What is Selective Memory?

Michelle Overman, LMFT
Updated on January 25, 2021

Simply put, selective memory is a person’s ability to remember certain information and not remember other information. It can be the punch line of many jokes, like when a spouse gets upset with their partner about forgetting to take out the trash. They might indignantly say something like, “I always take out the trash” which is not true. In reality, they had forgotten to take out the trash just a few days ago. In this case, a person is selecting information they want to remember while forgetting the rest.

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Selective memory implies a certain amount of intentionality behind it. It often involves the choice to only remember certain facts or events. The brain is powerful and can even incite the selective memory process. At times, it can happen in instances of trauma. Someone that experienced abuse when they were young might not remember what happened in full detail. The brain helps them to forget traumatic moments that would bring tremendous pain.

Sometimes selective memory is more directed by a person. If they get dumped, they might delete photos and block numbers in an attempt to move forward. However, it can be a person’s way of attempting to forget the painful emotions felt when the relationship ended.

In the examples provided, selective memory can bring a protective layer to a person. There are some experiences in life that your brain, along with time, allows you to not remember. An example would be when an old friend reminds you of something you did many years ago. Suddenly, you are thrown back into that memory, though you had forgotten about it long ago.

Some memories are so painful it can help to forget some of the details in order to move forward. Selective memory is not all bad, but it might not serve as a helpful long-term solution.

Over time, selectively remembering certain information can cause problems. If you lock away information, it does not necessarily mean there will not be ramifications. For example, if someone is abused, they may still feel the impact of the trauma in their daily lives, even if the details of the event are forgotten. Avoiding certain memories or experiences can still leave behind complicated emotions that have nowhere to go. When emotions are not addressed, it can cause problems over time. They can encourage avoidant behaviors that will drive wedges in a person’s relationships. Depending on the information, event, or memory, utilizing selective memory can result in other long term issues.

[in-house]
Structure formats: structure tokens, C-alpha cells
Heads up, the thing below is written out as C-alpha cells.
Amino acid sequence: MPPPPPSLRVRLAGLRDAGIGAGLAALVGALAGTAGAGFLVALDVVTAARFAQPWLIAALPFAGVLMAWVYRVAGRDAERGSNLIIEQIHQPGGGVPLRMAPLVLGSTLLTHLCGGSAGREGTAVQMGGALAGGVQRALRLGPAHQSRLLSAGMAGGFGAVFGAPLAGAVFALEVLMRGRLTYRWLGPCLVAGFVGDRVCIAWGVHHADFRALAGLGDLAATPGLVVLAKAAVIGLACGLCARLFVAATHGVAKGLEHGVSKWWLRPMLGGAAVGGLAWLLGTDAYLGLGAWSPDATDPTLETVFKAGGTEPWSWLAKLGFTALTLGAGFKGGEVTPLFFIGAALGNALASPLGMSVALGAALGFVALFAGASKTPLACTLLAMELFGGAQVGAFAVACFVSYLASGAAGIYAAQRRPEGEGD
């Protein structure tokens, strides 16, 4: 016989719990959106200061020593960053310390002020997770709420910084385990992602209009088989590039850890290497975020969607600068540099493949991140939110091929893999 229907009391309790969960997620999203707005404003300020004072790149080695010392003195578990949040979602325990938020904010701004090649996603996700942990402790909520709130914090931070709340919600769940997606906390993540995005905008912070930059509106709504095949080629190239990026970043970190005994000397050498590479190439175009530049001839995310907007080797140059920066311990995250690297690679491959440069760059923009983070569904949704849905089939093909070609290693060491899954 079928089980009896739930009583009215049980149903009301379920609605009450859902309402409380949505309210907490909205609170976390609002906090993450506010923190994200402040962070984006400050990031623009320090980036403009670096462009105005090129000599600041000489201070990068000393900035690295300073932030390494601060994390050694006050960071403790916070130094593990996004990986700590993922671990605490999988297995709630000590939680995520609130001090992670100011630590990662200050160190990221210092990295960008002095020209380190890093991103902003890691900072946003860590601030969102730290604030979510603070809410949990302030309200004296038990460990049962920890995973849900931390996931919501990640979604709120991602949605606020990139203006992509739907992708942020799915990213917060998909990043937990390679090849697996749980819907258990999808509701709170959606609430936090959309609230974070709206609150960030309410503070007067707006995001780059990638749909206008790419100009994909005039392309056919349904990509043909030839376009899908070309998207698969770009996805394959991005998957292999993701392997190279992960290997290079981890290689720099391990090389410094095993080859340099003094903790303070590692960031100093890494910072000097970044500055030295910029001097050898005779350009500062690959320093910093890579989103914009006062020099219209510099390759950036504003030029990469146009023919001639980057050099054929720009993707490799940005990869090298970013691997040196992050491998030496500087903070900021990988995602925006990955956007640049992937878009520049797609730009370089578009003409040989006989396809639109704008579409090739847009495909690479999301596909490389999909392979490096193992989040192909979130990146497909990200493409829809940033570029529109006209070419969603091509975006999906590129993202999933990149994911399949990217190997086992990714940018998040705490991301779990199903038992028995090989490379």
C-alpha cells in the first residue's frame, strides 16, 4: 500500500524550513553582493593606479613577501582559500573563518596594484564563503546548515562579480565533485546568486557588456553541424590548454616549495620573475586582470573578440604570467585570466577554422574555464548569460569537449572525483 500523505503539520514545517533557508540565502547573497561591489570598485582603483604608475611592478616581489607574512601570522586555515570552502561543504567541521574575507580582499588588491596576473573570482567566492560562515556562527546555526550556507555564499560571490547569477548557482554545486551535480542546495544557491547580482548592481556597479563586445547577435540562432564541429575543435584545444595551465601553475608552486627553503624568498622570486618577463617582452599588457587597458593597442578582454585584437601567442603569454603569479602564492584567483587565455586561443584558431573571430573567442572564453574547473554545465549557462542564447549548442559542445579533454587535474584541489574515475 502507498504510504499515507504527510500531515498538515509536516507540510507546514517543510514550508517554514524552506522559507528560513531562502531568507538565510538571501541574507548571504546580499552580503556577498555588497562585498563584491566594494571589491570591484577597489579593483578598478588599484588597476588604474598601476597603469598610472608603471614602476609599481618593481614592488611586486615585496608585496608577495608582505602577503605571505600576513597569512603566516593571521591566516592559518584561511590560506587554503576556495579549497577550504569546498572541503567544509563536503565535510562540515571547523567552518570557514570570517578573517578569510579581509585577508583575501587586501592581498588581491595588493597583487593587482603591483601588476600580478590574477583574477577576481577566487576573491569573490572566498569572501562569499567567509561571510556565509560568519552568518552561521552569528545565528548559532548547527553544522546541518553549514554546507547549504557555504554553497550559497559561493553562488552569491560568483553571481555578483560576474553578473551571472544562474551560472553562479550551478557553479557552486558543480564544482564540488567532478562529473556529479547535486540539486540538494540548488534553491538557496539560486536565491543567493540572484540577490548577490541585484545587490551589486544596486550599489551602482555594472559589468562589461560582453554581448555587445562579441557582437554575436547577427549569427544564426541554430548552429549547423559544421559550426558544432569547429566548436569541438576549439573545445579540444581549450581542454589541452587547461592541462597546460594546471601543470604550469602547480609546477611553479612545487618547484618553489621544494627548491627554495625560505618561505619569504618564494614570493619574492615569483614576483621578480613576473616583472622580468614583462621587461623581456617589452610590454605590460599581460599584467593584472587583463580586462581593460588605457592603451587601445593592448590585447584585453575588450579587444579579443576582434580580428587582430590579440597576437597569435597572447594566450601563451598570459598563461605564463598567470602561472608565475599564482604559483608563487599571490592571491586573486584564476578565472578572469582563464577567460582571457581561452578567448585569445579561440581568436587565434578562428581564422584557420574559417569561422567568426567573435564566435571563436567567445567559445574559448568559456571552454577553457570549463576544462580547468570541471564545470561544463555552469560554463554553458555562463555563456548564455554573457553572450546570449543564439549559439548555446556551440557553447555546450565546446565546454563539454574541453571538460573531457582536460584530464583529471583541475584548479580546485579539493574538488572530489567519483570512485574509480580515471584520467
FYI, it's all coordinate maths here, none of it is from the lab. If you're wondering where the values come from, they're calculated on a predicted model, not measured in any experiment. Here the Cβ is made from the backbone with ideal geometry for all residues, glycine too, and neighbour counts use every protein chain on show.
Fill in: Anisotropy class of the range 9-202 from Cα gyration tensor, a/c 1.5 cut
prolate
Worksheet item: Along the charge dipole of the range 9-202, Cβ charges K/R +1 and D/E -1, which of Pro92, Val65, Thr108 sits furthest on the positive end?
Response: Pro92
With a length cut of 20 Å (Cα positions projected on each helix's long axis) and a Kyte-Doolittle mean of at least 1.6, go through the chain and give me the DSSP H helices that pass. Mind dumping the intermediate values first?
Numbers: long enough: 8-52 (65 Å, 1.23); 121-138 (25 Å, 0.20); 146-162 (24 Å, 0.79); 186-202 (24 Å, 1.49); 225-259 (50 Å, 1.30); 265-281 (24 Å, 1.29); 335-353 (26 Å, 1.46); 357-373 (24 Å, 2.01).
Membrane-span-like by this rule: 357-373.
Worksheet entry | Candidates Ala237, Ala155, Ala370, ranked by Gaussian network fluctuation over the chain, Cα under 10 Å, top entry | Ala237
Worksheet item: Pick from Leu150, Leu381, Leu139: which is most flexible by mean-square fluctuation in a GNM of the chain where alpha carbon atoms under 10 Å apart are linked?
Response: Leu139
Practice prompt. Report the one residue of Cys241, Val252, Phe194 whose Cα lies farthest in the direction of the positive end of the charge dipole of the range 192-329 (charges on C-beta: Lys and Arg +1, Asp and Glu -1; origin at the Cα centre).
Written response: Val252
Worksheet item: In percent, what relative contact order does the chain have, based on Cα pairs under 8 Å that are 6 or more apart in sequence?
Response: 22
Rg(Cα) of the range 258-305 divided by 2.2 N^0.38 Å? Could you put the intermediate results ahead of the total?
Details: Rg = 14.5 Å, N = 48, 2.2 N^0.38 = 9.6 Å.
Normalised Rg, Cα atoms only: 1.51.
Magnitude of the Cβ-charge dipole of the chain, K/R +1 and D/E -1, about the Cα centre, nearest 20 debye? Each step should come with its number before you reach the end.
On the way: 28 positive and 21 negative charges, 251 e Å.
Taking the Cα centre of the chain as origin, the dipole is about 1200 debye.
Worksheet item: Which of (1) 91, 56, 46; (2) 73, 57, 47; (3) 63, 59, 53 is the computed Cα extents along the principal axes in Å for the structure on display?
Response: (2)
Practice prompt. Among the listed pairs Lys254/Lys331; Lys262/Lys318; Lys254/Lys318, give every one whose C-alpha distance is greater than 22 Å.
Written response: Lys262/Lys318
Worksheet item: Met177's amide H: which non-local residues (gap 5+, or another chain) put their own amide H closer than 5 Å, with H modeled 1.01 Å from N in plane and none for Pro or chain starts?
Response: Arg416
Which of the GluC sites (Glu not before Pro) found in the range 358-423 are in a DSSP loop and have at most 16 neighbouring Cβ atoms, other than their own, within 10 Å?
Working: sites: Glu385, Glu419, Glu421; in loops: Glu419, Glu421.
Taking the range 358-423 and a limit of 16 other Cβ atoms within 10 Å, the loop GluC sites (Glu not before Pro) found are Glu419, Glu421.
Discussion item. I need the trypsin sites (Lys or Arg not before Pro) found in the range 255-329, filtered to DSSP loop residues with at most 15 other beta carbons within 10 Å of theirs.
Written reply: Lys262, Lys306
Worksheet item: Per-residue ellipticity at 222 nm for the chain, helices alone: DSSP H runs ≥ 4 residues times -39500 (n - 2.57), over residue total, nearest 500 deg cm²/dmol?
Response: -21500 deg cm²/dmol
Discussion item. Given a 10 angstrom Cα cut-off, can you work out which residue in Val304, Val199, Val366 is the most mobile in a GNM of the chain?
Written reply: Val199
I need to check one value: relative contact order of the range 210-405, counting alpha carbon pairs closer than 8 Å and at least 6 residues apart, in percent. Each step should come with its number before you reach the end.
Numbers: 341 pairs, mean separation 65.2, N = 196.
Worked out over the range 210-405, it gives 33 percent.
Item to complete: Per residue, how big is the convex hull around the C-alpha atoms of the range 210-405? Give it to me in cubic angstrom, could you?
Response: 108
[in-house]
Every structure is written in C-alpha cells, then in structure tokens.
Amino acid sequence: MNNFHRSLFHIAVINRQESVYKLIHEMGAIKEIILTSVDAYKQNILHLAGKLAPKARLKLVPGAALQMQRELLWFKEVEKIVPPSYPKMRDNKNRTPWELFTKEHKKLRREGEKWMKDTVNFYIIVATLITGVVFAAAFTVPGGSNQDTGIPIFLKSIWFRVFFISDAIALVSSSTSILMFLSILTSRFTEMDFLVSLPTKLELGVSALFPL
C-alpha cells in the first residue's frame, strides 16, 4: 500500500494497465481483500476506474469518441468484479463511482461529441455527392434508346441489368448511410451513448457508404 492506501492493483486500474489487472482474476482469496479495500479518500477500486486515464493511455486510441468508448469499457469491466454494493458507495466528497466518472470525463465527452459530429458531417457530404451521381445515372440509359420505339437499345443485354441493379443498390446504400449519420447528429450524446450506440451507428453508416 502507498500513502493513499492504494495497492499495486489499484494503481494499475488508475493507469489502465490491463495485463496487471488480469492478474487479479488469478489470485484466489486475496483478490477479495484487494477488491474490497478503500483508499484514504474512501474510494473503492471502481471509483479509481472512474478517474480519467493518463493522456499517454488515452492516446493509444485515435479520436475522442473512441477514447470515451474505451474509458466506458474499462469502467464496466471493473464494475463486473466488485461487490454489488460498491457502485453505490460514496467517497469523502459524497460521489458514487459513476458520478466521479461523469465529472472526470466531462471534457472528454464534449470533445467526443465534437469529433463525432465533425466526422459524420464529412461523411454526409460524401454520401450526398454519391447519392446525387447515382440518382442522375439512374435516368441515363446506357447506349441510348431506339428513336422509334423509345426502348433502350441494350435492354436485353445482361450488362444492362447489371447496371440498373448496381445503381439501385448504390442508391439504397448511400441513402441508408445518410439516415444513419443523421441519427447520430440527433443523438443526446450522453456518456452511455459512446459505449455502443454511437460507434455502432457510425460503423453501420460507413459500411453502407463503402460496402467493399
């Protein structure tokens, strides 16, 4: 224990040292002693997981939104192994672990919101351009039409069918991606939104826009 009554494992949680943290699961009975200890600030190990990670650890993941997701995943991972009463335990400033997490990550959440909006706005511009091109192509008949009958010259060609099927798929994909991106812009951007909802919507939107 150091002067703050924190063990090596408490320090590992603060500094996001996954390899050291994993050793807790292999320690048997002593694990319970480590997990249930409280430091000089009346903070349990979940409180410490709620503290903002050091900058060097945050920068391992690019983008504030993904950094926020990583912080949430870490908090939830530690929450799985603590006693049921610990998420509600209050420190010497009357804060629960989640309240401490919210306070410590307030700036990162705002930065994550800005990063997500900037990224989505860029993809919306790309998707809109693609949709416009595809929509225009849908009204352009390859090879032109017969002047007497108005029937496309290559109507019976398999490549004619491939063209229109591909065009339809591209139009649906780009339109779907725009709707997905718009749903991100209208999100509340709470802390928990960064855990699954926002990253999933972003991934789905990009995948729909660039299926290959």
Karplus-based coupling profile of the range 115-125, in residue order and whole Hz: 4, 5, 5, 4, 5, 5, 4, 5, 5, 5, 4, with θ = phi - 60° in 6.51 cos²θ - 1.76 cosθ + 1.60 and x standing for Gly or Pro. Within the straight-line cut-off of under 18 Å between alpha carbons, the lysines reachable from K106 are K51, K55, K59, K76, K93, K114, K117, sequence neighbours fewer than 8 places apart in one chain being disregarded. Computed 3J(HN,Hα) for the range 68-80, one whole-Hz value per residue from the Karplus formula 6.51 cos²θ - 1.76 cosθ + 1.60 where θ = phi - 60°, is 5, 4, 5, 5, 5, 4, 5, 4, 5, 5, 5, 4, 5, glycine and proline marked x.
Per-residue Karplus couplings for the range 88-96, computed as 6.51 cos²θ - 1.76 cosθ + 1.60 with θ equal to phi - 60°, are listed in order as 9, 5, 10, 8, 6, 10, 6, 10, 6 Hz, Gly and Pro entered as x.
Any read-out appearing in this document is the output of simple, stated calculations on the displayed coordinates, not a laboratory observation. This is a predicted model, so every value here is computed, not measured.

While it can be appropriate and helpful in terms of protecting you, selective memory does not always serve as a solid long-term solution. Addressing issues rather than selectively remembering information is important when moving forward in life. It will likely be difficult in the moment. However, it will provide the potential for more sustained comfort and positive change. If you find it too painful or difficult to unpack these memories on your own, there are counselors that specialize in working with victims of trauma that can help work through the events and emotions they bring up. This is the truly healthy way to move forward in the long-term.

Michelle Overman, LMFT

Michelle is a Licensed Marriage & Family Therapist working as a counselor for students, faculty, and staff at Abilene Christian University in Texas. She works with athletes, bridging the gap between athletics and mental health at ACU. Michelle ran her own private practice in Austin, Texas where she worked with a diverse population, including couples and families.